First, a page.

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Bug reports … beyond the bugs …

November 25, 2014

bug

MARCELLUS: Something is rotten in the state of Denmark.

HORATIO: Heaven will direct it.

MARCELLUS: Nay, let’s follow him.

Hamlet, by William Shakespeare

 

The dialog about, the powerful exchange of opinions between Marcellus and Horatio at the end of the scene 4 in Hamlet, resumes what testers should be doing right after we encounter a nasty bug. Say it clear and loud “Something is rotten …”, and now, not just describe it, but follow it very tight, nobody else will do it for you … not even Heaven.

I have been watching some youtube videos about bug reports, with the spirit of trying to find information other than that recommended in the study materials; and It has come to my attention that the subject of bug reporting is underrated and  misunderstood. It seems like everyone follows blindly the golden words of the Great Master: RIMGEA.

For those who doesn’t know what RIMGEA stands for, it is just a mnemonic that assists a tester to assure the quality of a bug report, namely: Replicate it, Isolate it, Maximise it, Generalise it, Externalise it … And, say it clearly and dispassionately.

We have to remember that testing is a tough job, exciting and badly paid. You would never make it just as a test engineer, you would need to do some other things on the side, meaning that you need to have extra skills if you want to hold your position in an organisation.

And what makes testing tough is not just the persistency of the hunting for bugs and the constant suspicion that something will go wrong; but also how you canalise and express the findings. It is not enough knowing that hmmm … something is wrong … we also need  to see what it is and then clearly report it.

RIMGEA is quite a good resource … for the lazy, and just a start point for the tougher. A software development process, where testing is highly regarded, works like a closed-loop control system, where a feedback is used in order to adjust the reference value.  A feedback is to a control system what a bug report is to software development; moreover, a reference value is to a control system what requirement specification is to the whole process of development.

The problem with this analogy to control systems is that these never keep statistics about performance; this is the reason why they are enhanced with, for instance, machine learning capabilities. The same capability is missing from the RIMGEA schema: a routine to search and analyse the bug tracking system.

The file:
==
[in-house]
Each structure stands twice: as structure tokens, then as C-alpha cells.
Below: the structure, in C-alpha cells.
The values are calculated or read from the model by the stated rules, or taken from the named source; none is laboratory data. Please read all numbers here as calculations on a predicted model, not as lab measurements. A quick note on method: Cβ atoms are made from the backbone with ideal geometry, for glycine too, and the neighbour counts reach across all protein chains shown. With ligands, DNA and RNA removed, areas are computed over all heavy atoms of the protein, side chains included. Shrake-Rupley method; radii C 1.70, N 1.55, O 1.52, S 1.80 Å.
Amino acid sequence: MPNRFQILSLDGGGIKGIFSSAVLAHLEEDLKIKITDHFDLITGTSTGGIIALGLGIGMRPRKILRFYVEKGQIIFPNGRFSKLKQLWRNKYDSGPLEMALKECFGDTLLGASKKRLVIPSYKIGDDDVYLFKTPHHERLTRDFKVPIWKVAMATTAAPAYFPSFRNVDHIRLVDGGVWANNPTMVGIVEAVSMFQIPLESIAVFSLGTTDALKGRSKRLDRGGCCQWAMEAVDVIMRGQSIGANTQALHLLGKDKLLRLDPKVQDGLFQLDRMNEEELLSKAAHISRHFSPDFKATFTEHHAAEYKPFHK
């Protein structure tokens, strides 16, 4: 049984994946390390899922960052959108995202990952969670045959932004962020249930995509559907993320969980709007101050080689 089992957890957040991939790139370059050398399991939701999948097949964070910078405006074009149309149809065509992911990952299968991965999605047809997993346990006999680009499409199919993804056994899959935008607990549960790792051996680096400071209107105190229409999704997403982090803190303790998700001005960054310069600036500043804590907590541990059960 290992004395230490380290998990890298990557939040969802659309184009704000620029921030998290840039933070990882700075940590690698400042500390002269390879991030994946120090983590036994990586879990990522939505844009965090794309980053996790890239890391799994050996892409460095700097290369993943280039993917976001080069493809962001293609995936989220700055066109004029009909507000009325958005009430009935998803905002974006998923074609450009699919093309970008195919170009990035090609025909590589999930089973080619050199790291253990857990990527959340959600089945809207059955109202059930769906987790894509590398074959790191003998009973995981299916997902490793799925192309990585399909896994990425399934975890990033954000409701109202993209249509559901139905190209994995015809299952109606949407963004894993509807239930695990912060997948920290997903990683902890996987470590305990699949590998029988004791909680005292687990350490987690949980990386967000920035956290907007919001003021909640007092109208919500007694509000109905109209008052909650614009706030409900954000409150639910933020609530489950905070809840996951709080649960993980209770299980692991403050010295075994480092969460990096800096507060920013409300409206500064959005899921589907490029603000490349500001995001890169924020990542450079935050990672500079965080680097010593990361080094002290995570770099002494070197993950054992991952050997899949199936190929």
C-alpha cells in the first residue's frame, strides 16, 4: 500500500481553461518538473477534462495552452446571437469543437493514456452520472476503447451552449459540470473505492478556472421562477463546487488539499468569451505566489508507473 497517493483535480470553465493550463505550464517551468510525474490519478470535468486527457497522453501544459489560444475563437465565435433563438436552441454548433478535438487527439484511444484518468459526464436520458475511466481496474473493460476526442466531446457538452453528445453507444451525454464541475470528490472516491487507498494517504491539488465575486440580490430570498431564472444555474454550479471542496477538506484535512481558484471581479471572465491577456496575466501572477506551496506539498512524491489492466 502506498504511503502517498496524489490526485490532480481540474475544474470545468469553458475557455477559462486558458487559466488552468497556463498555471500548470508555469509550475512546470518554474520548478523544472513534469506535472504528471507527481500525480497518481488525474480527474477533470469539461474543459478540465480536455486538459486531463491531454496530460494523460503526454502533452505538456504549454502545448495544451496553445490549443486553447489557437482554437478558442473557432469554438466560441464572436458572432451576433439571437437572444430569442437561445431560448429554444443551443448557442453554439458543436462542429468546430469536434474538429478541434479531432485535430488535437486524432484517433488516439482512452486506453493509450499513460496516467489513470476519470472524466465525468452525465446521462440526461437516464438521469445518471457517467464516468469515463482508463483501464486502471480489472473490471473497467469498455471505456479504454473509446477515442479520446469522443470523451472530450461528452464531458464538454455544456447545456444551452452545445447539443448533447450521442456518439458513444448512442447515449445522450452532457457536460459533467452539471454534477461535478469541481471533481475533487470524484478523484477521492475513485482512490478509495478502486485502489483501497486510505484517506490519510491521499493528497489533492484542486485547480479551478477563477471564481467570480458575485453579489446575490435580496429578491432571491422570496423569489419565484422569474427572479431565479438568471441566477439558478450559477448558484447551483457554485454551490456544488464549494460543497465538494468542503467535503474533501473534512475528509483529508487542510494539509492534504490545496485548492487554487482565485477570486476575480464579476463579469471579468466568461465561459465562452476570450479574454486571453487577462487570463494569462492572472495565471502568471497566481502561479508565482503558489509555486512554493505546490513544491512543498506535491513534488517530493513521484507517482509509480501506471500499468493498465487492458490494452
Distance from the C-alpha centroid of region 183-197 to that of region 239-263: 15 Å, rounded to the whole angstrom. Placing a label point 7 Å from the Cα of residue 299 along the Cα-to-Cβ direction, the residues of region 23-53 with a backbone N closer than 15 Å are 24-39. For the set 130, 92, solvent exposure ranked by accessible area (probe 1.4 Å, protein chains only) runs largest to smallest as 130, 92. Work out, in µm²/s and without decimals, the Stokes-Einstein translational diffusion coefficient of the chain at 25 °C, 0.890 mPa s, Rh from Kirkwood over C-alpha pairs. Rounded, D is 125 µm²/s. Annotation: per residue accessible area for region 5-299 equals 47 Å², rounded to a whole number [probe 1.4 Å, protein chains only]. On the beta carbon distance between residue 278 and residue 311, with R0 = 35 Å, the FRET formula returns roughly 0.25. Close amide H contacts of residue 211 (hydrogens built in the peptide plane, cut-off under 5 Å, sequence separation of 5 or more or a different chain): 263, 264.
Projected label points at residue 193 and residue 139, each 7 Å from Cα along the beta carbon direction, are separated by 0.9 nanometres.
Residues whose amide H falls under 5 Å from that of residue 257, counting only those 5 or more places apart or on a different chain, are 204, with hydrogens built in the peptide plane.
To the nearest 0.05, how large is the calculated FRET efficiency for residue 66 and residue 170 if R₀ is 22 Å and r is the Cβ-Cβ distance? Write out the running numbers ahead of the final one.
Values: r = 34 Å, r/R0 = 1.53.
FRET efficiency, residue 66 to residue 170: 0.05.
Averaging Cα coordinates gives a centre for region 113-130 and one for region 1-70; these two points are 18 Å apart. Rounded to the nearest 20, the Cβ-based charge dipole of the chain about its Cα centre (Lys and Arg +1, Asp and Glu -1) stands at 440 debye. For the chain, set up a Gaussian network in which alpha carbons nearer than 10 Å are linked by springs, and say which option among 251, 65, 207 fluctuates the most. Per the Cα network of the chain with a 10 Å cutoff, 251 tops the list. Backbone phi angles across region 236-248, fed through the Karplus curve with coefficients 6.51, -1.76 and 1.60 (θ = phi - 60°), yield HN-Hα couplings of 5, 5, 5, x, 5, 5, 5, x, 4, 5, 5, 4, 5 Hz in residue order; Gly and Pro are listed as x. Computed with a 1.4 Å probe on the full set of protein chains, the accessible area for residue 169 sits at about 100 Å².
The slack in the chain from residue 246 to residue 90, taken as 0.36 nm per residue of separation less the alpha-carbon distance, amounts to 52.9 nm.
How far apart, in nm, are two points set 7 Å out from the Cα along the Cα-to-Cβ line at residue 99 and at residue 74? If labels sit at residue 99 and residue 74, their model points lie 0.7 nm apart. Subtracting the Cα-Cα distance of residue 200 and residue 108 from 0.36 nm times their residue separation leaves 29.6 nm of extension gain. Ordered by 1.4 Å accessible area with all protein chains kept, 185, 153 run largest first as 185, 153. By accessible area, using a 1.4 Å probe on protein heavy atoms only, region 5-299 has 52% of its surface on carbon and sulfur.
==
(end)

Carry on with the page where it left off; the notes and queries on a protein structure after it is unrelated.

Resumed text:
Nay, let’s follow him. Managers, testers and developers that keep an eye on what is going on in the bug tracking system, would make sure the following happens:

For testers

  • It is indeed a source for testing ideas. Bugs around given functionalities bring about new areas and ideas for testing
  • It gives bug localisation. A bug in an area can be the cause of bugs close to this area. Just look at the statistics, numbers don’t lie.
  • It spots potential spec misunderstandings. Repeated bugs on some functions could be the consequence of overlooking the requirement specification

For developers

  • A well organised report with severities, priorities and status associated, puts developers into perspective concerning the status of the whole project
  • It helps to organise the job for the next sprint or the next week.
  • It somehow tells them “It is gonna be alright” … yet, this is a feeling and can not be explained.

For managers

  • It gives an overview of the advancement of the development
  • It gives an indicator for the quality of the process. A recurring bug on certain functionality would raise a flag
  • It is a source of decision making. A bug tracking system is in fact a database with events organised in time, following some classification; and this could be subjected to complex event analysis for which a plethora of tools exists out there. Here you have business and operational intelligence at their bests.

… and for everyone is a non-disruptive protocol of communication, where boundaries are established and respected.

If we now add BI visualisation techniques, then we can exploit the preemptive mechanism of our brain to discover patterns in large data sets, like those coming from bug reports. And use the finding to convey peace of mind across the team.

So  “Nay, let’s follow him”. Lets follow the pattern, not just a bug …. because something might be rotten in the process.

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